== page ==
I don't know how to teach algebraic expressions to the students who have heard the term for the first time. $(a+b)^2$ results in $a^2+2ab+b^2$, we know that, but they ask me why it is so. I tried to make them understand by expanding the expression to $(a+b)*(a+b)$ and multiplying, but still some of them find it hard to understand. So how do I make them understand that? Are there any other ways?

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    $\begingroup$ Would it help to let a=10 and b=1 and let them follow how the math of variables looks similar to multiplying numbers. $\endgroup$ Commented Apr 23, 2014 at 2:18
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    $\begingroup$ Can they understand $a(c+d)$ using the distributive property? If so, can they understand $(a+b)(c+d)$ using the distributive property? If so, you are describing a specific case of the latter (i.e., where $c = a$ and $d = b$). In addition, you could look up "lattice multiplication" (at least for $a,b >0$). $\endgroup$ Commented Apr 23, 2014 at 2:23
  • $\begingroup$ Do they have a good understanding of what variables are? $\endgroup$
    – Sawarnik
    Commented May 10, 2014 at 7:32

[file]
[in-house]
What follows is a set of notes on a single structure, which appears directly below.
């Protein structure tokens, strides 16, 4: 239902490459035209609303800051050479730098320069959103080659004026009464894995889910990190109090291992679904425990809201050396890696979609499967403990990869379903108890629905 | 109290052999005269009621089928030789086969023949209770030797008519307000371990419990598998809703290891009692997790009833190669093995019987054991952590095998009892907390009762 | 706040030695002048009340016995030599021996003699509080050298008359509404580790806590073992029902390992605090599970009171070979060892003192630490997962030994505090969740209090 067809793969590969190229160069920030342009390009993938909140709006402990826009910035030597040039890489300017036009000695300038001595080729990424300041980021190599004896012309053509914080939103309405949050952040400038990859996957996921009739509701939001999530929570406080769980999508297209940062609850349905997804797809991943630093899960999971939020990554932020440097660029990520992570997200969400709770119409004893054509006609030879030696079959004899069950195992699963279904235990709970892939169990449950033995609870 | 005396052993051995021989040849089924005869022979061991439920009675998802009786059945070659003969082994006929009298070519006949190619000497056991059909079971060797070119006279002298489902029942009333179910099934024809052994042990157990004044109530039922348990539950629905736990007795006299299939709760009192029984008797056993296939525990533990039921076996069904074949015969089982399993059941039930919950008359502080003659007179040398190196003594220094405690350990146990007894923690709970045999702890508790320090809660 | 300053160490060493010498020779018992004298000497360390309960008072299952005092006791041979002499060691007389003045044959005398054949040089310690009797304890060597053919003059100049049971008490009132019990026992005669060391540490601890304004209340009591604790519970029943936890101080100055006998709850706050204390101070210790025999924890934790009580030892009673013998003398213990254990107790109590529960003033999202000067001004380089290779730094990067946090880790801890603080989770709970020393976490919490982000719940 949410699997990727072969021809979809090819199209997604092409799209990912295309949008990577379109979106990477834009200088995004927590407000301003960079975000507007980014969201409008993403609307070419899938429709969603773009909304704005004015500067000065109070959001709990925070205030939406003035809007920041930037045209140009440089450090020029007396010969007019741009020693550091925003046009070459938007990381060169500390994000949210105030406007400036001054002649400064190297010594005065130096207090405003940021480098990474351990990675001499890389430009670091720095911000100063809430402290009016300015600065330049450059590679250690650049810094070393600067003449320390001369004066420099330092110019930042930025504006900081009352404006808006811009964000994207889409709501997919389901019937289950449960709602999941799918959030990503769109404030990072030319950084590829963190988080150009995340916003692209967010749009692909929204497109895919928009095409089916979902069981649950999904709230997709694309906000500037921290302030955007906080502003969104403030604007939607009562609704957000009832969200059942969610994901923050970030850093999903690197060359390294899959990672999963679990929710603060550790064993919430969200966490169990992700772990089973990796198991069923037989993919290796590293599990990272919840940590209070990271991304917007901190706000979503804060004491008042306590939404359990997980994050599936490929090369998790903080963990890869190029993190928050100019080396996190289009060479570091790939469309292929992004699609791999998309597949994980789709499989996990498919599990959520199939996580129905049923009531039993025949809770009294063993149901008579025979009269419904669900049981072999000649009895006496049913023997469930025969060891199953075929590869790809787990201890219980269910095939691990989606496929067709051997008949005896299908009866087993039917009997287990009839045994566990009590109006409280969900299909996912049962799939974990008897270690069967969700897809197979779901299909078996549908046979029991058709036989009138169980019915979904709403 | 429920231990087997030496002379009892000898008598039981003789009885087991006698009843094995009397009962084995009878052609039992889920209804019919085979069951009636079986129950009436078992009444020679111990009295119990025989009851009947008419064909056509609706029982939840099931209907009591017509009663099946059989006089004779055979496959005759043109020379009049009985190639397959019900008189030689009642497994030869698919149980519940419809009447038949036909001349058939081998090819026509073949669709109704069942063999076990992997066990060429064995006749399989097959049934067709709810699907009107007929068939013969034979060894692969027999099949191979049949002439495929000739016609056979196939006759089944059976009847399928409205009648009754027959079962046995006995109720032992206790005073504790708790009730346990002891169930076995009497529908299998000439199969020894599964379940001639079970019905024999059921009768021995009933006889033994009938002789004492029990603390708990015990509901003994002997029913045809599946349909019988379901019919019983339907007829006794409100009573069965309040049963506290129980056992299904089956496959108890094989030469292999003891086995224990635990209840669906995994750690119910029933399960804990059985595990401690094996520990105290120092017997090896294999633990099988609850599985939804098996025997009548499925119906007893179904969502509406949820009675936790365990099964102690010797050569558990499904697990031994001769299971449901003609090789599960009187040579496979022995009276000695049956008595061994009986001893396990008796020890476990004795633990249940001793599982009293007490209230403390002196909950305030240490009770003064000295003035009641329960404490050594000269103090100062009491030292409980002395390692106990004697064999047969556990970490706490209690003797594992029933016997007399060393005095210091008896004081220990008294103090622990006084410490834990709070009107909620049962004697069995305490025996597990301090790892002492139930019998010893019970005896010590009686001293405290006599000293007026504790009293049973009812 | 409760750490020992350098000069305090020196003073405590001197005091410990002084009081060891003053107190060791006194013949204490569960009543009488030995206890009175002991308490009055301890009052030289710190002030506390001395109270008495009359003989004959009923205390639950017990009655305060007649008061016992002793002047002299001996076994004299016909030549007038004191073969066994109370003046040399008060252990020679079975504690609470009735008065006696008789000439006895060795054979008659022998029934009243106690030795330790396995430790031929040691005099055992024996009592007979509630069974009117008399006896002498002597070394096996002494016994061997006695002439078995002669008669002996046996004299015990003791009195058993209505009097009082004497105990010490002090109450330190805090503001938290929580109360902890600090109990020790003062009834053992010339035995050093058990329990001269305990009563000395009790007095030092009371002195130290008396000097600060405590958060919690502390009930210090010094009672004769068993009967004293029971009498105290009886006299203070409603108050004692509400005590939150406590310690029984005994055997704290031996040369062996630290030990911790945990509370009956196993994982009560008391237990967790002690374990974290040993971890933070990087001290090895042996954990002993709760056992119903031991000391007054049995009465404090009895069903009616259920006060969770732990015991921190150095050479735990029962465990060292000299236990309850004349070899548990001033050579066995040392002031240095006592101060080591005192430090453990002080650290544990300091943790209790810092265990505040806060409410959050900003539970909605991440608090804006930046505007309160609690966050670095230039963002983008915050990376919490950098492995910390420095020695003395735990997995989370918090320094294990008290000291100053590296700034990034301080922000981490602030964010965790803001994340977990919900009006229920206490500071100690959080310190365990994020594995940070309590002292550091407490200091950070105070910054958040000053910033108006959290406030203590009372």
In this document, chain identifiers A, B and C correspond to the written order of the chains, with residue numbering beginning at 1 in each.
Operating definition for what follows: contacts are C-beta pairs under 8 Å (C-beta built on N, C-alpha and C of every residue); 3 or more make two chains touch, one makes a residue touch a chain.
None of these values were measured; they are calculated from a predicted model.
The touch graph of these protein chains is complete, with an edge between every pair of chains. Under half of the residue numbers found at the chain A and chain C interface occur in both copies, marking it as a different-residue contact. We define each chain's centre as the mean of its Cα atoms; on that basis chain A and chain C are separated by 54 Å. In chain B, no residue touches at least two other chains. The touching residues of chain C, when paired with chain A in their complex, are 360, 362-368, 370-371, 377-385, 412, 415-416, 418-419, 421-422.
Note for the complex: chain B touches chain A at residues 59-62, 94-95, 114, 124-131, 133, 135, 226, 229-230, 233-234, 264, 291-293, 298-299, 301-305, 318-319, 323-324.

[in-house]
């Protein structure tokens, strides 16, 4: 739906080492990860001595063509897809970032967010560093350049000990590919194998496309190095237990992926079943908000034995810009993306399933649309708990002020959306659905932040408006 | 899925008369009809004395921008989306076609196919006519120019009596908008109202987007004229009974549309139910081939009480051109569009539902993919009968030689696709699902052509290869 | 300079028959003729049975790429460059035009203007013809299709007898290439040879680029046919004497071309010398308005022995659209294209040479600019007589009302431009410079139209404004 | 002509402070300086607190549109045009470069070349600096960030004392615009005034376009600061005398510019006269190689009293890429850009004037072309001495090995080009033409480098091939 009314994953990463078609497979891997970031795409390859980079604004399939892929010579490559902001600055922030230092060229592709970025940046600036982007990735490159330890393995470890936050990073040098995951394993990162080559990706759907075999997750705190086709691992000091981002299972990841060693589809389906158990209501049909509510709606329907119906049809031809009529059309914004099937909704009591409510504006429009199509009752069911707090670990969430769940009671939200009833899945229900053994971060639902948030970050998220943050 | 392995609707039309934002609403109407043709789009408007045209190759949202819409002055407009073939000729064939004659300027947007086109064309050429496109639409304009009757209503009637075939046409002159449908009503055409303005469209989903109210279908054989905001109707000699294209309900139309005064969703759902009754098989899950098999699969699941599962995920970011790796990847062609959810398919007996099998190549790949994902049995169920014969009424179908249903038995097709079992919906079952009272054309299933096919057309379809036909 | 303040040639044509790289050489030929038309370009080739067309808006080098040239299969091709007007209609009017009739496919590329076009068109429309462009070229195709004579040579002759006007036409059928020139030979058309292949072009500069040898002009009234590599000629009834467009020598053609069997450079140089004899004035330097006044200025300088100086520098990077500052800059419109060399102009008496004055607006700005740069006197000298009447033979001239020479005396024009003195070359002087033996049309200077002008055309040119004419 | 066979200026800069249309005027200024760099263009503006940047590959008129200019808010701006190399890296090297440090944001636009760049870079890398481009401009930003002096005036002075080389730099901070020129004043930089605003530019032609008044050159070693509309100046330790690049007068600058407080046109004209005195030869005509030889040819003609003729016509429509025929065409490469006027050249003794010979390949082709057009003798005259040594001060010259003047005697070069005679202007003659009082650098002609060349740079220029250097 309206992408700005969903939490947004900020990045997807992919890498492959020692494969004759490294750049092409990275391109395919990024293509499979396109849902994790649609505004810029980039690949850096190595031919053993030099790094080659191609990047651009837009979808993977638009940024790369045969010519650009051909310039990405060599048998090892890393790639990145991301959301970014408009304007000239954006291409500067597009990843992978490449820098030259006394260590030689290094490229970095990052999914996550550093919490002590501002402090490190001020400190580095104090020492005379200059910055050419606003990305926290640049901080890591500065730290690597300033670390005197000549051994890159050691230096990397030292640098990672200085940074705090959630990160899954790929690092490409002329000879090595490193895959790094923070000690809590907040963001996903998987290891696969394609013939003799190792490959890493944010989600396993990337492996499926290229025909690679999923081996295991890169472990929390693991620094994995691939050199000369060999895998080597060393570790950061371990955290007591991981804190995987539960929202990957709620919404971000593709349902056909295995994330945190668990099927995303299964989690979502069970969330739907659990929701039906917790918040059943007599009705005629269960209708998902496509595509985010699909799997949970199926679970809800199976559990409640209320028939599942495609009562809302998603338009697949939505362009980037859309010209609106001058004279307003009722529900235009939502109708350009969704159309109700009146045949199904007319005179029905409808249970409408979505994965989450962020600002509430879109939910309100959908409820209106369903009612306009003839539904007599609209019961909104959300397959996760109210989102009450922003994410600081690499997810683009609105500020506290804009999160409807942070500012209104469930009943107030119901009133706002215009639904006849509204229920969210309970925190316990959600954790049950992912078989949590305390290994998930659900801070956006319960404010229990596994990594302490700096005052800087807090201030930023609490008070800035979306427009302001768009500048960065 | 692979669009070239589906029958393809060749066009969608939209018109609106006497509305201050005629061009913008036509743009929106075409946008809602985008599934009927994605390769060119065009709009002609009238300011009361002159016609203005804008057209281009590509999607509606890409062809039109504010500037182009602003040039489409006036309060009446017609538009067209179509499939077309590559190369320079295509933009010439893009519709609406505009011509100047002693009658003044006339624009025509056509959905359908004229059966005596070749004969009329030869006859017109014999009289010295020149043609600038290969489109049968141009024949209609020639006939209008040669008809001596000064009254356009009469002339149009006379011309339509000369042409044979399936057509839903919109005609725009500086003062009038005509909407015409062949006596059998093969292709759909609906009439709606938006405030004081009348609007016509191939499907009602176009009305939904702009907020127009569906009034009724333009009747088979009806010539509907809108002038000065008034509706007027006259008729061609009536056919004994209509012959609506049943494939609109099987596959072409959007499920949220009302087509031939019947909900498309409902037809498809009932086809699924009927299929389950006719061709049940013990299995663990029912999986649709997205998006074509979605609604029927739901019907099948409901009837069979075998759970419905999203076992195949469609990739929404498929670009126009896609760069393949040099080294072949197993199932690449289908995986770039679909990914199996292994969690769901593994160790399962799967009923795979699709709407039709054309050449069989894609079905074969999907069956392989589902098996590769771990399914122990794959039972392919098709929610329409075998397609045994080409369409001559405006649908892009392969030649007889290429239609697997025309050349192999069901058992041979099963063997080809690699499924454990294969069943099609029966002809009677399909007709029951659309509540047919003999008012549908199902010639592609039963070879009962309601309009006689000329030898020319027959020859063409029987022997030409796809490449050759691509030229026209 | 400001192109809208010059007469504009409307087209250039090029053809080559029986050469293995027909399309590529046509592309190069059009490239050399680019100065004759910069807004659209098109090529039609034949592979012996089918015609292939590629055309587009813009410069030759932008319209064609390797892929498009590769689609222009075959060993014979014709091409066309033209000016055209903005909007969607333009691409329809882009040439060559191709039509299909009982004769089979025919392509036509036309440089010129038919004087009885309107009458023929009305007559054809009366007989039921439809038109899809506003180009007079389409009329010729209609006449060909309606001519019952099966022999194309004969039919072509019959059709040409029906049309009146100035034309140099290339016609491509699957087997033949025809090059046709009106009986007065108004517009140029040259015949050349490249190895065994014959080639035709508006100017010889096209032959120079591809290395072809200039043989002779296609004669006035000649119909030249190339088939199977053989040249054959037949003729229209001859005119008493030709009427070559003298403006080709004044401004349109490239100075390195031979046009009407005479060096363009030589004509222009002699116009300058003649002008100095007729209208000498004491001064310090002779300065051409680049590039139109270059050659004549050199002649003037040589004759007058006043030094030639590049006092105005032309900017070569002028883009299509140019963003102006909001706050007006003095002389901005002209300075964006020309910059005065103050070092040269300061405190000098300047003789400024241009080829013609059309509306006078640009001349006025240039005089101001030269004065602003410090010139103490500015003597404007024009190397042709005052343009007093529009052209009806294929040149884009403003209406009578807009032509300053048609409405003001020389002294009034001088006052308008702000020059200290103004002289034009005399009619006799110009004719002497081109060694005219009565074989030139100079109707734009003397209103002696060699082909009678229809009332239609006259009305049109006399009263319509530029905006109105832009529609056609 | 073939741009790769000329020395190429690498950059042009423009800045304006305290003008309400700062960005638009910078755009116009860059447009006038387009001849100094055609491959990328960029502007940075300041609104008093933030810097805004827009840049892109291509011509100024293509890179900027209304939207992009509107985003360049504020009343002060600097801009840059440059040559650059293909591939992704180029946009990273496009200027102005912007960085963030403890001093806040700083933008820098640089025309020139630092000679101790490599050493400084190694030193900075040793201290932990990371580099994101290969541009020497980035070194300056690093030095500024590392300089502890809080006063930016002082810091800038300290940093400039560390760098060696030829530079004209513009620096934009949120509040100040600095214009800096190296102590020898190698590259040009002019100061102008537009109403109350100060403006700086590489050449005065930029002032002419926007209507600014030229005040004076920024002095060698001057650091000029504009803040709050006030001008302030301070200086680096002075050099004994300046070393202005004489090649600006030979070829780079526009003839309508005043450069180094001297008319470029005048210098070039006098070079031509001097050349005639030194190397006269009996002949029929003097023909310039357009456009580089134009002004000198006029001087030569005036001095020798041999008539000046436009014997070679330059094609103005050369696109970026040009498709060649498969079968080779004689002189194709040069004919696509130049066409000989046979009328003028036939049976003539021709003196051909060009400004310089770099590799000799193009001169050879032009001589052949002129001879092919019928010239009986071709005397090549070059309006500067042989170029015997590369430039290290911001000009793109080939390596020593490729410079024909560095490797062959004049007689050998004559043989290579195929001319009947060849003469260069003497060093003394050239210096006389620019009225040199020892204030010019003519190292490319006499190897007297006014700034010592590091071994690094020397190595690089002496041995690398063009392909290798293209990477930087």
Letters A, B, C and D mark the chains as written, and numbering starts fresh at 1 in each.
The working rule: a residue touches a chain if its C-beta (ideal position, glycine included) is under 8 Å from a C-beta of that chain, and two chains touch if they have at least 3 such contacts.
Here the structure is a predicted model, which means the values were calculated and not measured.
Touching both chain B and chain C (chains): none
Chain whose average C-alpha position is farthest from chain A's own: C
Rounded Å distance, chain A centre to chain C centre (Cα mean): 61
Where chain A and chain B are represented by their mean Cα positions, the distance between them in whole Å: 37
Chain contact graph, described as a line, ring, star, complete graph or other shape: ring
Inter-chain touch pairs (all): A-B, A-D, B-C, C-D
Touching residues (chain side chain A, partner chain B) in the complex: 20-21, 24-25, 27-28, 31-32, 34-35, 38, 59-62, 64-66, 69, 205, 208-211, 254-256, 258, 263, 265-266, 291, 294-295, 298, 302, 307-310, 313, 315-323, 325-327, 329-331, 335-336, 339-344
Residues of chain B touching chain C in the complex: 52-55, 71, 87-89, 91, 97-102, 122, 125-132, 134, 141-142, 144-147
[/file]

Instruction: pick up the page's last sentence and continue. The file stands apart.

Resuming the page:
4 Answers 4


Draw a square with sides of length $a+b$.

Then divide the square into $4$ parts: the $a\times a$ square, the $b\times b$ square, and the two $a\times b$ rectangles. Explain that to find the area of the square - that is, $(a+b)(a+b)=(a+b)^2$ - you have to add all the parts up: $$(a+b)^2=a^2+b^2+ab+ba=a^2+2ab+b^2$$ Then talk about the distributive property, and perhaps the meaning of the term "square".


Difficulty with an advanced concept is often due to not grasping a prerequisite concept. Here are some prerequisite concepts that students should have grasped before trying to grasp expanding $(a+b)^2$...you could ask questions about these concepts to see if you need to review any of them before moving on:

  • What are variables (ie, letters can be used to represent numbers that vary, like the dimensions of a room which vary as the architect draws and adjusts it)
  • What is an expression (ie, $(a+b)^2$ says if we knew the actual numbers, we would add them and square the result)
  • How to evaluate an expression when we know the actual variable values
  • Can we do anything useful with expressions without knowing the actual variable values? (yes! eg, factor/expand/simplify to get an equivalent expression.)
  • Bonus for best comprehension: As a cross-check whether two expressions are equivalent, evaluate them for arbitrary variable values (is this foolproof? how can we make it more robust?)

This particular expression makes sense as a numerical pattern: